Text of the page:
The UCI has stipulated that the ITA must create a dedicated cycling unit and offer all CADF employees to join this unit so that its expertise are preserved within the new structure. CADF will continue to implement its anti-doping programme in 2020 and the switchover should be made from January 1 2020.

Posted In:
Industry News Uci


  • 92 10
 How Rude.
  • 53 8
 This could cause grave changes for some riders.
  • 18 5
 @Larkey1: gotta keep a strong arm against doping!!!
  • 5 1
 I wouldn't rush in to conclusions.
  • 29 3
 @Larkey1: that maes cause problems
  • 7 6
 Always drink from someone else's bottle.
  • 7 1
 the comment section is really juiced up today.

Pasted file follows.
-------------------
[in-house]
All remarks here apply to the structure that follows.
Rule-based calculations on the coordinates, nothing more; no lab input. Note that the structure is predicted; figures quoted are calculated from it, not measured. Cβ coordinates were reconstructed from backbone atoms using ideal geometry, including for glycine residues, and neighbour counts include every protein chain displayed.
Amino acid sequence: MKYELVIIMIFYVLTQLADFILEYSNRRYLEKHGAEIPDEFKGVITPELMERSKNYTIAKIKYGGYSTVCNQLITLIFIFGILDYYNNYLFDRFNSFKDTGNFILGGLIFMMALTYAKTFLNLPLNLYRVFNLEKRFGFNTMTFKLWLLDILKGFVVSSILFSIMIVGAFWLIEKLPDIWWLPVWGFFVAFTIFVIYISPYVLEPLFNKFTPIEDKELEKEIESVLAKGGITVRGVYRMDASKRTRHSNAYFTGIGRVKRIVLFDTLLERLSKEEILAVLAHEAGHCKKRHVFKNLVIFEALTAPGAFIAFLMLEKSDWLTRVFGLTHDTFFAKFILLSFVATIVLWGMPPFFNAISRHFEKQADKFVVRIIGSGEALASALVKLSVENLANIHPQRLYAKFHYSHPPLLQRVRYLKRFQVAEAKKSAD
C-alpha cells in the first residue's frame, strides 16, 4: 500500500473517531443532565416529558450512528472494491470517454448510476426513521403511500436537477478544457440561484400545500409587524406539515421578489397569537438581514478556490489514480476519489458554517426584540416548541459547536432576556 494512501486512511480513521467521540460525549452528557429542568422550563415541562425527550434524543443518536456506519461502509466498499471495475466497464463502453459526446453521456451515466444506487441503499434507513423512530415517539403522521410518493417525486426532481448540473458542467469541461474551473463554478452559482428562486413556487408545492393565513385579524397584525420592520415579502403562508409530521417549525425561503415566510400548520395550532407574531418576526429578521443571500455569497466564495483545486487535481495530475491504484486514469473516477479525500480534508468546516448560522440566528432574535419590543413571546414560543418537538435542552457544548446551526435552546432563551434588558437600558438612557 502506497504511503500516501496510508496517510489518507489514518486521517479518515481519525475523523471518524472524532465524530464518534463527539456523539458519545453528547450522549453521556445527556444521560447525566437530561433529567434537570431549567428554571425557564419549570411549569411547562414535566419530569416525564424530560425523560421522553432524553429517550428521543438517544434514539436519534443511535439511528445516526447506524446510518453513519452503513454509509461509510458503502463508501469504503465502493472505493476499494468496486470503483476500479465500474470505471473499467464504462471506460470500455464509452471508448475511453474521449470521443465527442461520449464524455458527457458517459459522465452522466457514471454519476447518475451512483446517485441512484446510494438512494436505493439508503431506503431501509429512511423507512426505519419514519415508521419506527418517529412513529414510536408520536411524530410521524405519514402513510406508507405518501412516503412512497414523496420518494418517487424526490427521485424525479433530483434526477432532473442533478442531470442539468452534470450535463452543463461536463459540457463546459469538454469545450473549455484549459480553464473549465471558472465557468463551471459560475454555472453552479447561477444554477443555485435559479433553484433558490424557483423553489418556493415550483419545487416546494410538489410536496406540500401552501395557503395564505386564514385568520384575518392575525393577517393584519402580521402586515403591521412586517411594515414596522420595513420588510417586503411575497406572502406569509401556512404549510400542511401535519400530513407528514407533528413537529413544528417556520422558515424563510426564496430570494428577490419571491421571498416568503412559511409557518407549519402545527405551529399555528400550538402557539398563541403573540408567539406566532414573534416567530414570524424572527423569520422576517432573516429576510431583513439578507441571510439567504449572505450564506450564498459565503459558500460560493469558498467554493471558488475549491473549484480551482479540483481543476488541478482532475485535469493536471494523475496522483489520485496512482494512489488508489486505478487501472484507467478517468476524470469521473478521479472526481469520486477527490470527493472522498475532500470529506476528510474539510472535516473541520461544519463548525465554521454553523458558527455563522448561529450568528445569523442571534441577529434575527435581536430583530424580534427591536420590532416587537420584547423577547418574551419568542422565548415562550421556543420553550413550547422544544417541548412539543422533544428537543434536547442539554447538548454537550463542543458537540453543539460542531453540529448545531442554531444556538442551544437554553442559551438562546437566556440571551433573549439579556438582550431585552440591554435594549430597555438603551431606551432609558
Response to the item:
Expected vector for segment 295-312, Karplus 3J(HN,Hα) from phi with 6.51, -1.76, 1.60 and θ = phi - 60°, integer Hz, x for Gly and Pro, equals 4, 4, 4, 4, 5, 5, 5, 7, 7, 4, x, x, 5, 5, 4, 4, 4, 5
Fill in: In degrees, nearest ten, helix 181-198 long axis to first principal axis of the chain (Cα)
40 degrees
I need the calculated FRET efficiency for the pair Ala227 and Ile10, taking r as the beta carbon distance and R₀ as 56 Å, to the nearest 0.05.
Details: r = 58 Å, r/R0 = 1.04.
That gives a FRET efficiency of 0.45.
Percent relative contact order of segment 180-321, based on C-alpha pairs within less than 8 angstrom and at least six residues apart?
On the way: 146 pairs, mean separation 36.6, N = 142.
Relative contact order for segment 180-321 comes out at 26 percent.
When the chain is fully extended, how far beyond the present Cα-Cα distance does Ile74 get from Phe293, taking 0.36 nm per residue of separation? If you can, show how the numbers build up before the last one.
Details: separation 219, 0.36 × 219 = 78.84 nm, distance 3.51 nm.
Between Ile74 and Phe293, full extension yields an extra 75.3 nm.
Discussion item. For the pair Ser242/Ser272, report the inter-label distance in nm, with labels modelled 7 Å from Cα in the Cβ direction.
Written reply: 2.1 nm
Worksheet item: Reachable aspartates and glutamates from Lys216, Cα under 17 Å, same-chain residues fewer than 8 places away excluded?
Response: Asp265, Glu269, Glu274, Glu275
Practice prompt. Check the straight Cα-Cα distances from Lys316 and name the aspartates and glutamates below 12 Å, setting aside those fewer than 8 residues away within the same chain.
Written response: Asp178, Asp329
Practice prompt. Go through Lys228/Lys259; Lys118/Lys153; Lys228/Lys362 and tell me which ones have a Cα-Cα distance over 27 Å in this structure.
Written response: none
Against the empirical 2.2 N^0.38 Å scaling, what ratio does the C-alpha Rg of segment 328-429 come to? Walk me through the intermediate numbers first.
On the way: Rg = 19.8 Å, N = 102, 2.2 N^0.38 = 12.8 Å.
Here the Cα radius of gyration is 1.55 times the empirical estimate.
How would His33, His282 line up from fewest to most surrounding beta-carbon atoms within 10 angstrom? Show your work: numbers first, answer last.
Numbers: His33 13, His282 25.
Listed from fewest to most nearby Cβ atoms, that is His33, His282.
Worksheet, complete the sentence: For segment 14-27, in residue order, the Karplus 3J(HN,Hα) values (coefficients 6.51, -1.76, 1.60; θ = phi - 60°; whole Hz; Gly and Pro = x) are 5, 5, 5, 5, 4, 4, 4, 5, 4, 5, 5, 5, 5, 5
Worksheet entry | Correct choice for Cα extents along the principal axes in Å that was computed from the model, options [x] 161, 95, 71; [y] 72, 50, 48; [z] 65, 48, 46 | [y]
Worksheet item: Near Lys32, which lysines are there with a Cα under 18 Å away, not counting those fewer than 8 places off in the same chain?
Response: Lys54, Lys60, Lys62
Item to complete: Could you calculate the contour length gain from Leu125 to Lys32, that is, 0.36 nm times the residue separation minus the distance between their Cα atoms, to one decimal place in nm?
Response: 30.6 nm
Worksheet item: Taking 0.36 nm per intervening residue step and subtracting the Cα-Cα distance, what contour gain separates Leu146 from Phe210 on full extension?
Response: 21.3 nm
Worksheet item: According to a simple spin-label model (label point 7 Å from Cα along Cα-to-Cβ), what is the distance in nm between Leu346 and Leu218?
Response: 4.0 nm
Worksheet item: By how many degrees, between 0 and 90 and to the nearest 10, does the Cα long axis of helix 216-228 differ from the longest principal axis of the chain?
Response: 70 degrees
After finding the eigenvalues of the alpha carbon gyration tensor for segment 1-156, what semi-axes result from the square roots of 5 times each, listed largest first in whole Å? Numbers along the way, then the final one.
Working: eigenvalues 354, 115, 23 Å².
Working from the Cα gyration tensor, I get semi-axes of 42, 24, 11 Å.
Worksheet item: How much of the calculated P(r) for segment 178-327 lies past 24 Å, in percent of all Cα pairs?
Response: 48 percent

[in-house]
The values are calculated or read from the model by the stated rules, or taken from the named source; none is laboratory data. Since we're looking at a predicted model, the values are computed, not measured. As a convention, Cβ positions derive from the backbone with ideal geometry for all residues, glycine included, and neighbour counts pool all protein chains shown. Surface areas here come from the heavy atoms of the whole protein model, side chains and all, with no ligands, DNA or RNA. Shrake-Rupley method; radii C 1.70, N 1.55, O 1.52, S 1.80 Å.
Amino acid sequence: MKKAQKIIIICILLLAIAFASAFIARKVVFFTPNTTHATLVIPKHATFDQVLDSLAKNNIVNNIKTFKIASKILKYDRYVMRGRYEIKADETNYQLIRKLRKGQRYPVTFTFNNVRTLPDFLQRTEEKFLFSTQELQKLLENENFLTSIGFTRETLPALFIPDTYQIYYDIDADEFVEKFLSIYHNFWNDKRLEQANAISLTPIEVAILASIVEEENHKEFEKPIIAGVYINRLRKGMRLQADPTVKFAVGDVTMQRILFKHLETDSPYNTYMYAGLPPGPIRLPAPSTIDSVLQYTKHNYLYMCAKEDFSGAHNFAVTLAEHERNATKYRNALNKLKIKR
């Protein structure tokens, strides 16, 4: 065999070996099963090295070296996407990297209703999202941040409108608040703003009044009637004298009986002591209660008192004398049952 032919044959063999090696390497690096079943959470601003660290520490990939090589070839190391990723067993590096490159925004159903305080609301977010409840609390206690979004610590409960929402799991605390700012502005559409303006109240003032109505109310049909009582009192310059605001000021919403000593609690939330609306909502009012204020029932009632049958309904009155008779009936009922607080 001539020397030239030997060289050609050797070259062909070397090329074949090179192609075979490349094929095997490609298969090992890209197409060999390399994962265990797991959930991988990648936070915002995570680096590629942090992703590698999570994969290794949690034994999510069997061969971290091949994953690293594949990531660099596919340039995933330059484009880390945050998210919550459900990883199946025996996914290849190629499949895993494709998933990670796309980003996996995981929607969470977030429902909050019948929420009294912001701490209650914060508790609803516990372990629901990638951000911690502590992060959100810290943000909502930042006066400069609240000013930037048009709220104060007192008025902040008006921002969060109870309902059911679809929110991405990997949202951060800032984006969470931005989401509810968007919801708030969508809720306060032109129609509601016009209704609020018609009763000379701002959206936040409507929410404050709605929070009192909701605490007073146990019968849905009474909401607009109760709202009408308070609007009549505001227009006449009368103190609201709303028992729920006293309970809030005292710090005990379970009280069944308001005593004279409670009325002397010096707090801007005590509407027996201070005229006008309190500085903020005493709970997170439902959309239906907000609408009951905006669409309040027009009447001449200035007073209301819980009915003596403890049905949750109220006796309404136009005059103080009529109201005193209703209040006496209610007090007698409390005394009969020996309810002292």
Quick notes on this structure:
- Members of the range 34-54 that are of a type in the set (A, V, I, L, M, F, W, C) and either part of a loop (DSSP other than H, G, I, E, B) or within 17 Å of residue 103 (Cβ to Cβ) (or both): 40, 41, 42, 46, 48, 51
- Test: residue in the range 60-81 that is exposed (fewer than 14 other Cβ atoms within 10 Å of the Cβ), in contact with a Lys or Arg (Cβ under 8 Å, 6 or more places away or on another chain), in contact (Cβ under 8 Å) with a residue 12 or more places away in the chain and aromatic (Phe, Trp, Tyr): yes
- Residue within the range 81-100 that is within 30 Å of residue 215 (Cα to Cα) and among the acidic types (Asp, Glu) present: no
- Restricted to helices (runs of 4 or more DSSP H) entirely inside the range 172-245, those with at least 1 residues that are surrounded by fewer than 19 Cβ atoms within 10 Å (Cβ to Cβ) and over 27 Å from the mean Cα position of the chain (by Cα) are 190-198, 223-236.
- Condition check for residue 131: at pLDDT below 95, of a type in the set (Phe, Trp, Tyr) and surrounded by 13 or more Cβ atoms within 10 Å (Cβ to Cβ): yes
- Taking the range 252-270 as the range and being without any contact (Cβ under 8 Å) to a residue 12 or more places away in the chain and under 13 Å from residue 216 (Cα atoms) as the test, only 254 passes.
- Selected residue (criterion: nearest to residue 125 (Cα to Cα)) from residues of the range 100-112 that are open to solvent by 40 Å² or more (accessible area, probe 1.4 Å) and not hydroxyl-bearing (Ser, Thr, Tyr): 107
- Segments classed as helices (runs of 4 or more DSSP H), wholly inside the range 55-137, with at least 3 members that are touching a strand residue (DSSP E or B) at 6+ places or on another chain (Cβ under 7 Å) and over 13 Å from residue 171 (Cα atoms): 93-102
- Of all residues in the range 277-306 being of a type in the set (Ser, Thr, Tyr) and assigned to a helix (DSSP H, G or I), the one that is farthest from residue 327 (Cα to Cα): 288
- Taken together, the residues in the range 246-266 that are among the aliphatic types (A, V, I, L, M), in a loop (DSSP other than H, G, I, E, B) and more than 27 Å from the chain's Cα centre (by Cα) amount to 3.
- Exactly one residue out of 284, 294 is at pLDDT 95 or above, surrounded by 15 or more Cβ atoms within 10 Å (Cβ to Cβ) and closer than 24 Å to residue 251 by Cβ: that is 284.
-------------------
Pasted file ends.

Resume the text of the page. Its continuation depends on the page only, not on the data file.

• 2 3
 Who pissed on there cornflakes
  • 5 1
 Looks like a session
  • 3 2
 Pretty grave pun
  • 2 0
 "The UCI has been one of the leading federations in the domain of anti-doping for a long time."

Is that why it took about a decade, a team mate to come out on television and the person himself to admit to Oprah on live television to catch Lance Armstrong?
  • 22 1
 This should inject a healthy dose of confidence to the screening process.
  • 14 1
 I think it's dope they're taking this seriously !
  • 13 1
 @Luis-Sc: no more pissing about, just in the cup
  • 12 1
 @Luis-Sc: we'll have to wait to see if this is a positive or a negative.
  • 3 3
 Don't lose your bottle, it makes it much harder to share...
  • 3 1
 Hopefully make it hard AAF to cheat. A new era, nay, EPOch in anti-doping
  • 19 1
 Last paragraph: "We're switching to a new agency but they have to create a subunit comprised of all the people from the old agency." So... What?
  • 14 2
 So everyone currently allowing doping to take place can continue to do their very pioneering work. It's the forefront of the fight against the up and comers doping.
  • 1 1